Out My Backdoor: What's the Best Bluebird Box Design?

By Terry W. Johnson

We Americans don’t ever seem satisfied. Take bluebird boxes, for example. While the basic design has remained relatively unchanged for years, we are constantly seeking the perfect bluebird box.

Although such a structure may be a pipe dream, wildlife biologists are inching closer to that goal. Let’s take peek at some of the innovations researchers have come up with.

Out My Backdoor: Cloudless Sulphurs: Fall's Most Overlooked Migrant

By Terry W. Johnson

By the time autumn officially arrives, the fall migration of many migratory birds such as warblers, flycatchers and vireos has passed us by. However, during the ebb between when the last waves of early fall migrants bid Georgia ado and Jack Frost has transformed our countryside into a multihued tapestry of vibrant autumn colors, we have the opportunity to witness another migration: the migration of the cloudless sulphur butterfly.

Out My Backdoor: Beautyberry Blends Show, Sustenance for Backyard Wildlife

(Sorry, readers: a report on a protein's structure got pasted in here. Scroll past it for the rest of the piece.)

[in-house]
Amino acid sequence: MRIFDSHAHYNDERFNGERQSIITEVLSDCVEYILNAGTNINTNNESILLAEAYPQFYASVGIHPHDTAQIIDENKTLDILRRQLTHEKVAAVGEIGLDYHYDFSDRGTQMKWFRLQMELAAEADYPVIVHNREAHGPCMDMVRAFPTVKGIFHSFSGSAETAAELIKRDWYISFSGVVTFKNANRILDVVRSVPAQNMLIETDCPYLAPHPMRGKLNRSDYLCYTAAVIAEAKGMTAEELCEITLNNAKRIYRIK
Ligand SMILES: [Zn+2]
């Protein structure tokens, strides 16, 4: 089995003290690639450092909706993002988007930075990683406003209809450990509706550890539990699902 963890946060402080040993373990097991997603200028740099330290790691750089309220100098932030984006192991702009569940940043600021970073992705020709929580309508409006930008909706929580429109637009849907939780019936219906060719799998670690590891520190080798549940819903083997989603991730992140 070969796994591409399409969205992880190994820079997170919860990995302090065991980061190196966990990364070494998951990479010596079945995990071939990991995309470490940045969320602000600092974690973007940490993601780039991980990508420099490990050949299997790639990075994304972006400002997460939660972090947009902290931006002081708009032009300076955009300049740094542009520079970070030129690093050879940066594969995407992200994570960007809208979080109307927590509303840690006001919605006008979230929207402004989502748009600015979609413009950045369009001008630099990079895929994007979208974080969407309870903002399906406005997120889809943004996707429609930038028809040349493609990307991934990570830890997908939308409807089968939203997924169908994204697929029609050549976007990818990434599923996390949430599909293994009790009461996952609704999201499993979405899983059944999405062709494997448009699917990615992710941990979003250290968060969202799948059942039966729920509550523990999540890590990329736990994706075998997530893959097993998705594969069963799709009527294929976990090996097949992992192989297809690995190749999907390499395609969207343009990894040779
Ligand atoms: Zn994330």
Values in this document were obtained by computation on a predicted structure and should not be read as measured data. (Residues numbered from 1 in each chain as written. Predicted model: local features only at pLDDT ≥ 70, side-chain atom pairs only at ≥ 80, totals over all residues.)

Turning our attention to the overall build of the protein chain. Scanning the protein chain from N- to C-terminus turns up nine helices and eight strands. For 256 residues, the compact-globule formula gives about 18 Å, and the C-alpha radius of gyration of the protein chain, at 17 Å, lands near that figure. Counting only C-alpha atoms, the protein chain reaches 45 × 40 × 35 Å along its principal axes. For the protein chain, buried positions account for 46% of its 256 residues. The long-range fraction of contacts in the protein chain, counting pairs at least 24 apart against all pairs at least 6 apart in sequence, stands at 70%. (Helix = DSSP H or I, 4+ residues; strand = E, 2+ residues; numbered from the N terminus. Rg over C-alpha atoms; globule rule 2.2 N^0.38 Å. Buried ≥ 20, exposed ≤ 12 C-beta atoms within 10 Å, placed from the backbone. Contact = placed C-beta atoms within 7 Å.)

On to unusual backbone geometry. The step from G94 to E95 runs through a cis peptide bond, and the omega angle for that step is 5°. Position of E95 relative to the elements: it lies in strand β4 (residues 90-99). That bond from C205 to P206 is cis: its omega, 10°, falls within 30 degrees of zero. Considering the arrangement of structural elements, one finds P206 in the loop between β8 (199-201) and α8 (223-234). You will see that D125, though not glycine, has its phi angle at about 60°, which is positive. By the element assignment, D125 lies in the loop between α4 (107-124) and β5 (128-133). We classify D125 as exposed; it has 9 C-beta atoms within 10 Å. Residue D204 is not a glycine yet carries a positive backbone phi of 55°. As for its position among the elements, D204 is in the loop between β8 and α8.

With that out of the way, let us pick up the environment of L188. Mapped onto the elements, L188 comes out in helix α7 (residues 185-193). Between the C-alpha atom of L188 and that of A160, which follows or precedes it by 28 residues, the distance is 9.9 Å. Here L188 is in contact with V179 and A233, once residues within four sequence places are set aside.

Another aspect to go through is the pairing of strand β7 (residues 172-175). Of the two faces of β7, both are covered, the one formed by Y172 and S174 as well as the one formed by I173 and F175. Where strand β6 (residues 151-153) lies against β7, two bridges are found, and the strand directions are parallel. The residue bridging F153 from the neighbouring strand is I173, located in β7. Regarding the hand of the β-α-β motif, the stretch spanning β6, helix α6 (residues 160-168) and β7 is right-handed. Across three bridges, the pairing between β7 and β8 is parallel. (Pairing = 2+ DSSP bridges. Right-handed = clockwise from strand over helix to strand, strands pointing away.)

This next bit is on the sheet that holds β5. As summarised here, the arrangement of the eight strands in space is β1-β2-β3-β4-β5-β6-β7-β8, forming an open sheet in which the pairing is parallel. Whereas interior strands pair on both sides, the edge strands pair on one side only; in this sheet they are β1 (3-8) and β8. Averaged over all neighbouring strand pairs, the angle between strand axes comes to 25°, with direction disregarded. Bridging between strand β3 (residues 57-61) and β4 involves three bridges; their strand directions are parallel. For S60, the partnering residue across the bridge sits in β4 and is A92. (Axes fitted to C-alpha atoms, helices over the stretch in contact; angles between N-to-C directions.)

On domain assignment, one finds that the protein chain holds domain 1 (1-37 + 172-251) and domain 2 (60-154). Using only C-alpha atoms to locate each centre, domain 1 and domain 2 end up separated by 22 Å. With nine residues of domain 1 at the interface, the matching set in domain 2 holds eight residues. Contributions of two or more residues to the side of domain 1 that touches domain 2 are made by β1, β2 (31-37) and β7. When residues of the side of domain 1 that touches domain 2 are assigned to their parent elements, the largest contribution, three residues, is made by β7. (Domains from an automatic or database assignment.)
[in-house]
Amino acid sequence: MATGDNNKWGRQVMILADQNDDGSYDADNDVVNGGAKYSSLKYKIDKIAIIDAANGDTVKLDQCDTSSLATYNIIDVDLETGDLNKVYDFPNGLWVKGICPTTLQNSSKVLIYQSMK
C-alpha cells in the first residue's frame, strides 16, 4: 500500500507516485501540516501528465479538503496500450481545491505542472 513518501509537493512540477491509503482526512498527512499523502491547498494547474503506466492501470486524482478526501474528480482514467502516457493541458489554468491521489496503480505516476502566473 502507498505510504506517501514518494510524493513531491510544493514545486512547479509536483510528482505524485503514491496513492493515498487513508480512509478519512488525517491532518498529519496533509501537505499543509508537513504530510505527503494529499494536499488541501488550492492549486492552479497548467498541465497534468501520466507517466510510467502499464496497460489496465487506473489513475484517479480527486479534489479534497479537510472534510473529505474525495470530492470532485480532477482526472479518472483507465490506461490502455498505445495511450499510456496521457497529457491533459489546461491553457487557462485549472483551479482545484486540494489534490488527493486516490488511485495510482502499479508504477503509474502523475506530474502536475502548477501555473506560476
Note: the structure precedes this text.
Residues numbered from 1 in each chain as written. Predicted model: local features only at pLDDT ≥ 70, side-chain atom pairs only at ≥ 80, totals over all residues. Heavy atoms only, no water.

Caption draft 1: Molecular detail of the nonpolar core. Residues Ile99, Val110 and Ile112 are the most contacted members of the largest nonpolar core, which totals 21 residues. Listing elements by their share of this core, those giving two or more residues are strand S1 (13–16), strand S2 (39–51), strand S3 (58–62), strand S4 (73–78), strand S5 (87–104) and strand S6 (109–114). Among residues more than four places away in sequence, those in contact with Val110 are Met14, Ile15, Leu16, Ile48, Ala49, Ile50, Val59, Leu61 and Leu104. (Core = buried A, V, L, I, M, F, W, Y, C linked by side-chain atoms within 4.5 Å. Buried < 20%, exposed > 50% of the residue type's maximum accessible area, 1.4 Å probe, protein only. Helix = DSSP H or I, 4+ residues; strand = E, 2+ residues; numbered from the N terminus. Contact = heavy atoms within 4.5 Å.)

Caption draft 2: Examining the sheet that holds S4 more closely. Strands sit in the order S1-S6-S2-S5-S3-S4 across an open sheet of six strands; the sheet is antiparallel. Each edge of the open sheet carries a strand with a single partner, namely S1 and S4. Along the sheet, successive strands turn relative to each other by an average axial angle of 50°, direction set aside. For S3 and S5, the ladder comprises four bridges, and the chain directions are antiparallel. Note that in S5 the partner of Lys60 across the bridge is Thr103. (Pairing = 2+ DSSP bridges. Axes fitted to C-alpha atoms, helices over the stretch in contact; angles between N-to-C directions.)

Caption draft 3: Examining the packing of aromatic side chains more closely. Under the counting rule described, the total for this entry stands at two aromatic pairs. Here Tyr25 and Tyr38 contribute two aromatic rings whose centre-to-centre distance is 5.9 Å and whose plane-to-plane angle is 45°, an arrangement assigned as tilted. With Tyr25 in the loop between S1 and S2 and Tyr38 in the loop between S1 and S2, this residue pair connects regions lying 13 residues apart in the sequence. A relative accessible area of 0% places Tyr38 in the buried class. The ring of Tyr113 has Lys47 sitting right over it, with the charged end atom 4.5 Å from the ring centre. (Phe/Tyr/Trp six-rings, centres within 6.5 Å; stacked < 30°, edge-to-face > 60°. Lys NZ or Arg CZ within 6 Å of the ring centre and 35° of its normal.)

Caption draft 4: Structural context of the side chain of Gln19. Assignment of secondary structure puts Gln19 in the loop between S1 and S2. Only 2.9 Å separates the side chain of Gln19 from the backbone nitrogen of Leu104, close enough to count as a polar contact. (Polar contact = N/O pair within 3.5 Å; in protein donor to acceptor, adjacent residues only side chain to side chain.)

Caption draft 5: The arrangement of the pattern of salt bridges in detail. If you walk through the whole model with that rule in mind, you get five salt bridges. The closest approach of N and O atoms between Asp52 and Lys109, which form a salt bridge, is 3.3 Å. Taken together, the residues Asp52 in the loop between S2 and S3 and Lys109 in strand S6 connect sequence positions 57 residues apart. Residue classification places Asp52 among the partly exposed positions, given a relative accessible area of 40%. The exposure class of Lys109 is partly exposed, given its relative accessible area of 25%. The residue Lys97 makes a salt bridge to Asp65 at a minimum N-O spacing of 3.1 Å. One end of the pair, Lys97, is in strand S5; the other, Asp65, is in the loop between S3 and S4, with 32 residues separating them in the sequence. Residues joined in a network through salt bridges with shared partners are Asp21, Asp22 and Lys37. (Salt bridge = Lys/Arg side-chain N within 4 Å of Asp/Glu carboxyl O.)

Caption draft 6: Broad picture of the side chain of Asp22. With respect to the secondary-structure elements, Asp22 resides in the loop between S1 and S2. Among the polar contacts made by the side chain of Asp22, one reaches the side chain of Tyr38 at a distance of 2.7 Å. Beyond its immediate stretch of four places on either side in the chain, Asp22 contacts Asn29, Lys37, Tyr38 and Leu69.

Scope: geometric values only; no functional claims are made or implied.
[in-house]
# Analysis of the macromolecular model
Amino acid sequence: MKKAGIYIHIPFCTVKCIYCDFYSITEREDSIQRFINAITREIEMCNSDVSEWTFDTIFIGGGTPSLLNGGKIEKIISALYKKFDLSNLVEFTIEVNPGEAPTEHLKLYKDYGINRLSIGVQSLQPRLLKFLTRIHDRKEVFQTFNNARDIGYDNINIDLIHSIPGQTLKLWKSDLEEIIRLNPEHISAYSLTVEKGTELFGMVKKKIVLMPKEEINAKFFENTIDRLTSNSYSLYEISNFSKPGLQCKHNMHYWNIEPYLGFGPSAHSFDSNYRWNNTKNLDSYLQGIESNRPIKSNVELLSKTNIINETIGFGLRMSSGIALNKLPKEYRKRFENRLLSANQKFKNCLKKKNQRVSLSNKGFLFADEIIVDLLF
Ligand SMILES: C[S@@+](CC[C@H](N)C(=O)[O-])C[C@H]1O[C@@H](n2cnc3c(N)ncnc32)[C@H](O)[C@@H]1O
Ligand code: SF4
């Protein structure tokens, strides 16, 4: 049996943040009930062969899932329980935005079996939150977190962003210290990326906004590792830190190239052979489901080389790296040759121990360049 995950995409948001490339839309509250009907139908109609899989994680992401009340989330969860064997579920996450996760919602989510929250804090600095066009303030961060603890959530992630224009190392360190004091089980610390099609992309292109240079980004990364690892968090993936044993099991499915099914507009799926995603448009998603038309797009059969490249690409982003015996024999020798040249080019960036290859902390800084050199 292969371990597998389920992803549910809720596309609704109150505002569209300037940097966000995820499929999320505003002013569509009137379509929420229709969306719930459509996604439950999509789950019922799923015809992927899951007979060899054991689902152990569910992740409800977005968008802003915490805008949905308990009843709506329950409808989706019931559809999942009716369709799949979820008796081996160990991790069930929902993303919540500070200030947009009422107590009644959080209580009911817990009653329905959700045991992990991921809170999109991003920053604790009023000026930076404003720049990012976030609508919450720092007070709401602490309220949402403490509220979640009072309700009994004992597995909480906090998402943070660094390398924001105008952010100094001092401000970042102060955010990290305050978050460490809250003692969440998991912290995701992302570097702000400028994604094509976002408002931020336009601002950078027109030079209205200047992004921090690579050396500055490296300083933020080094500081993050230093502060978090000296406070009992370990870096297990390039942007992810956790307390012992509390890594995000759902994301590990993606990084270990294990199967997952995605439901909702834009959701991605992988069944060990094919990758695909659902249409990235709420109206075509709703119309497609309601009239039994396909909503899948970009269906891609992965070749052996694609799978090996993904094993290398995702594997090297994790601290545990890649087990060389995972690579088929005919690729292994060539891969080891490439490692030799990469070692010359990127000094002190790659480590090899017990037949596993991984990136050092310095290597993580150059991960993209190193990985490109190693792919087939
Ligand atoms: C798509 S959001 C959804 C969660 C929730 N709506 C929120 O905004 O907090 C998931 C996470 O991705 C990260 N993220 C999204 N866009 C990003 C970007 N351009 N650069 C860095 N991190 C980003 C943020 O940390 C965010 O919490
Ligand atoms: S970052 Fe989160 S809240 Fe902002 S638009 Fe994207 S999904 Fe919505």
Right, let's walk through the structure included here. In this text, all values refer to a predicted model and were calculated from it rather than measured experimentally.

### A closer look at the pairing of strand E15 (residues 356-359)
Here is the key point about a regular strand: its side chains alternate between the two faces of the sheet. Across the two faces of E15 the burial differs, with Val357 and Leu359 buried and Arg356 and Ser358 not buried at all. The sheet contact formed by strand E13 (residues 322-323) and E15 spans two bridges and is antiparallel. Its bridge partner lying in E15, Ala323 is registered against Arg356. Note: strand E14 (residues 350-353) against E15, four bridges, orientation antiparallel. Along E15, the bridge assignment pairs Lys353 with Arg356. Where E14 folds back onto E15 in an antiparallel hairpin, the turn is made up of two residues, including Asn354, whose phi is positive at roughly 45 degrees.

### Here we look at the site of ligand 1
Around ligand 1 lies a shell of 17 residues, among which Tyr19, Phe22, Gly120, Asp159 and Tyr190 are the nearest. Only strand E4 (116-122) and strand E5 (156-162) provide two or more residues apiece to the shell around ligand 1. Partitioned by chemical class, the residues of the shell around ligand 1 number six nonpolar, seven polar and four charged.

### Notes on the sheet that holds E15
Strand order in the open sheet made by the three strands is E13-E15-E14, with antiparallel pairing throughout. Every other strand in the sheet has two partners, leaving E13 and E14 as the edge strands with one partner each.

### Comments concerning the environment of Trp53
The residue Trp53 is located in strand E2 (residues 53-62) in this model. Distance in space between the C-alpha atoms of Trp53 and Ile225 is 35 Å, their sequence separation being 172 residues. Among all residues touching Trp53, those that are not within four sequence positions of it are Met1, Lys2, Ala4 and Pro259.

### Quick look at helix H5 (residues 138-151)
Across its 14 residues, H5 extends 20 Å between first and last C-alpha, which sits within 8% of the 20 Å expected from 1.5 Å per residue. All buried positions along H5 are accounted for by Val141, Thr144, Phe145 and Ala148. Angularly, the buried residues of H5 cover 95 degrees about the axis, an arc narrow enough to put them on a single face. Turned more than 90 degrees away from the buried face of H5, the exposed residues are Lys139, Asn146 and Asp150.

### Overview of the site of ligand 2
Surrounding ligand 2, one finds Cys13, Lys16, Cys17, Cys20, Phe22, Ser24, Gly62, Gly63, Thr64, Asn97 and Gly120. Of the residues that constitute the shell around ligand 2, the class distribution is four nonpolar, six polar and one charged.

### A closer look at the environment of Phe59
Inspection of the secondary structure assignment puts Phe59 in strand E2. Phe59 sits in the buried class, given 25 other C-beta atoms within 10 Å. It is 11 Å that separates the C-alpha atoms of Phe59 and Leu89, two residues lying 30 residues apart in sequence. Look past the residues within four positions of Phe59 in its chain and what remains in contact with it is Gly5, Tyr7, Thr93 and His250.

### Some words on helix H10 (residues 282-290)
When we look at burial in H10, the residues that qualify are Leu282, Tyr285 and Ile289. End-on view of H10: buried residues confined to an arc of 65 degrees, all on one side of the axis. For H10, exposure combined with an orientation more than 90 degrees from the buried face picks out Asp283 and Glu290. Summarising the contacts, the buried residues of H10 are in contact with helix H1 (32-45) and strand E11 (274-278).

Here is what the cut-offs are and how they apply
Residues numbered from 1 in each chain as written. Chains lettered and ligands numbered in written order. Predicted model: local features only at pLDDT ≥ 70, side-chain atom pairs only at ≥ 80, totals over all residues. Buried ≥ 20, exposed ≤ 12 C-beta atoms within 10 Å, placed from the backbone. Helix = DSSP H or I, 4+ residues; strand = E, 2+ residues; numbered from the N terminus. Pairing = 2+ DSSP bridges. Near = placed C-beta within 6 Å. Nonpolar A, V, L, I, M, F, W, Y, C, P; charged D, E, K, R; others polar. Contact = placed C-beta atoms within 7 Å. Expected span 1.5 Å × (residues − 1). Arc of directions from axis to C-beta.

By Terry W. Johnson

In recent years, a native shrub named the American beautyberry has been making a transition from Georgia's woodlands to backyards throughout the state. It is remarkable that it has taken Georgians so long to realize that this native shrub is both an attractive addition to our home landscapes and a valuable wildlife food plant.

Out My Backdoor: For Beauty and Wildlife Food, Dogwoods Deliver

By Terry W. Johnson

As I write this column, the leaves of the flowering dogwoods growing in my backyard are bathed with a blush of red. Soon, however, they will turn scarlet and, together with their already bright red berries, light up the autumn landscape. If the flowering dogwood's breathtaking beauty is not enough to endear this small native tree to us, perhaps the fact that it is also one of our most valuable wildlife food plants will.

Out My Backdoor: Feed Birds With Flowers in Fall

By Terry W. Johnson

The stress of the long, hot summer is beginning to show on the flowers in my backyard. For weeks, the zinnias, salvias, coneflowers and a host of others along with untold numbers of hummingbirds and butterflies attracted to them have treated my family to a veritable kaleidoscope of color. Knowing that soon the flowers time will be over, I must admit that I am filled with mixed emotions. Hummingbirds are departing in droves. As the flowers continue to wither and die, the butterflies will also disappear.